Healthy living

One million people with diabetes keep it secret

One million with diabetes keep it secret Fear of discrimination puts health at risk

Around one million people in the UK keep their diabetes secret, and by doing so are putting their health at risk, a health charity has warned.

A survey carried out for Diabetes UK found that one in three people with diabetes kept their diabetes secret, or had done so in the past.

Many of the people questioned said they missed insulin injections or delayed testing their blood glucose to avoid drawing attention to themselves.

Badly managed blood glucose levels can increase the risk of long term complications, such as heart disease, stroke, kidney disease, blindness and amputation.

Short term complications, such as diabetic ketoacidosis (DKA) and hypoglycaemia can lead to hospitalisation or even be fatal if not treated immediately.

Half of those who kept their condition secret felt that not talking about their diabetes had an impact on how they manage their condition and over a third felt this had affected their physical or emotional health.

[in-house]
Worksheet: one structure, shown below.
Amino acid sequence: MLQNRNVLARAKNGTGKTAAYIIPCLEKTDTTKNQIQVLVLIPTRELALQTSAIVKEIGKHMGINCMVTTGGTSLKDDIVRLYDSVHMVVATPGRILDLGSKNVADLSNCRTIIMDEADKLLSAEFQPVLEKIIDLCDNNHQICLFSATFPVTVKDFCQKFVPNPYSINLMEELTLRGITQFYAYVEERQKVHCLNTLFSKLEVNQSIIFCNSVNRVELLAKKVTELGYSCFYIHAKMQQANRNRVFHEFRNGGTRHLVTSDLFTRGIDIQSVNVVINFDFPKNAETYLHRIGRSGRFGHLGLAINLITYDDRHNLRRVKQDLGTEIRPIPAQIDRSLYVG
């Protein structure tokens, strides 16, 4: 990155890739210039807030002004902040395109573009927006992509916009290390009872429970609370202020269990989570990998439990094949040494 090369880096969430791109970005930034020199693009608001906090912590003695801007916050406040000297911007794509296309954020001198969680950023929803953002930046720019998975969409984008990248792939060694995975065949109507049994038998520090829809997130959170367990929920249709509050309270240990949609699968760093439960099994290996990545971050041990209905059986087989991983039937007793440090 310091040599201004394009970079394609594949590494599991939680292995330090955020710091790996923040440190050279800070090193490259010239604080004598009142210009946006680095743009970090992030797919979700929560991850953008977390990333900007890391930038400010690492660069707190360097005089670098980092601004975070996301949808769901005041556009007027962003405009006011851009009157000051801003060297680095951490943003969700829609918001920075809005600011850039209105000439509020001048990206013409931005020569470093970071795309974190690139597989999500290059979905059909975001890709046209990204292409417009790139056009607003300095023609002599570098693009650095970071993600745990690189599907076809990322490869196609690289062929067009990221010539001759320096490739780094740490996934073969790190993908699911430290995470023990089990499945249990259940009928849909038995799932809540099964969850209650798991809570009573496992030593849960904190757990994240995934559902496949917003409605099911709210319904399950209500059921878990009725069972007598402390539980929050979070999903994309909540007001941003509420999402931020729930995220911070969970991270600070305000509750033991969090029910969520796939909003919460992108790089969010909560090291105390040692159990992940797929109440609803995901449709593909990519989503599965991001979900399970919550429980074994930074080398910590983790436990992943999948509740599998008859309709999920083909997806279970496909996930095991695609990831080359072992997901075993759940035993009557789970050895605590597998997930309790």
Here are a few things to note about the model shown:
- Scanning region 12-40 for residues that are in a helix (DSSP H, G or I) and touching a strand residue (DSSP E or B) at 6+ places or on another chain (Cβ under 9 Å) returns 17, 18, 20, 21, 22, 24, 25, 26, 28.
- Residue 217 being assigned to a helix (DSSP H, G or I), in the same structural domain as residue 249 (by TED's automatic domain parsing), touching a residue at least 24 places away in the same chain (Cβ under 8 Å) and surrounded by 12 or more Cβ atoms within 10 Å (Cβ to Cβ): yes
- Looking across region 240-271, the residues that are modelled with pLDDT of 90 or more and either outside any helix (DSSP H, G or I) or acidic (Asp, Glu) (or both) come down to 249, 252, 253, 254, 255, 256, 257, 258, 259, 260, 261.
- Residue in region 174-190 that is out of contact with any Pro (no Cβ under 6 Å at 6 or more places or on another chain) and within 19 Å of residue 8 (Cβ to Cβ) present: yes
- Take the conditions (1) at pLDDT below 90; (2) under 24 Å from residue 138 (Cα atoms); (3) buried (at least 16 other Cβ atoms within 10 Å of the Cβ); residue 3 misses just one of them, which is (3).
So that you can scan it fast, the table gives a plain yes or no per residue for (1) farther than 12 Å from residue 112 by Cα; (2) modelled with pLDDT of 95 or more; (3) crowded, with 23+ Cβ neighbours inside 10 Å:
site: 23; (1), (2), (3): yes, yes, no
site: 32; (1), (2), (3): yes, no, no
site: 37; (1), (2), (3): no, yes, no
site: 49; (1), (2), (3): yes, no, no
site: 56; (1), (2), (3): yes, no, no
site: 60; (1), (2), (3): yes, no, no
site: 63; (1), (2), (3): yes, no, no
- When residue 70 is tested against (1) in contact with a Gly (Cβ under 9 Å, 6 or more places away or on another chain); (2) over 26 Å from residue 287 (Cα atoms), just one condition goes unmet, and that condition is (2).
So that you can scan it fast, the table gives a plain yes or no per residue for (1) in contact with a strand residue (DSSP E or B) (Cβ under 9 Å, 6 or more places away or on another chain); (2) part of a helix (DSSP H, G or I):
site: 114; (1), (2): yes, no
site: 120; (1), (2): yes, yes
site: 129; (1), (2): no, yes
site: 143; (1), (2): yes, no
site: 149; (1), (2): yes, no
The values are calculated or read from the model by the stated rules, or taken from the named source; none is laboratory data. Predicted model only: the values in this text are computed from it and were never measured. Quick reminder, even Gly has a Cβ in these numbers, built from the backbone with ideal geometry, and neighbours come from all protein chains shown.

More than a quarter of those questioned said that they had kept their condition quiet for fear of discrimination or bullying, especially at work.

However 56 per cent of those questioned had also kept their diabetes a secret from friends.

Nearly half of all young people aged between 17 to 21 said they had kept their condition secret.

Reasons for this included not wanting diabetes to affect employment chances or people assuming the condition developed as a result of an unhealthy diet.

Barbara Young, chief executive of Diabetes UK, said: “We have to ask why so many people with diabetes keep it a secret. Learning to live with and managing diabetes is challenging enough without the physical and psychological impact of such a burden.

"It is hugely concerning that the health and well-being of so many people could be at risk as a result of discrimination or prejudice.”

This article was published on Mon 13 June 2011

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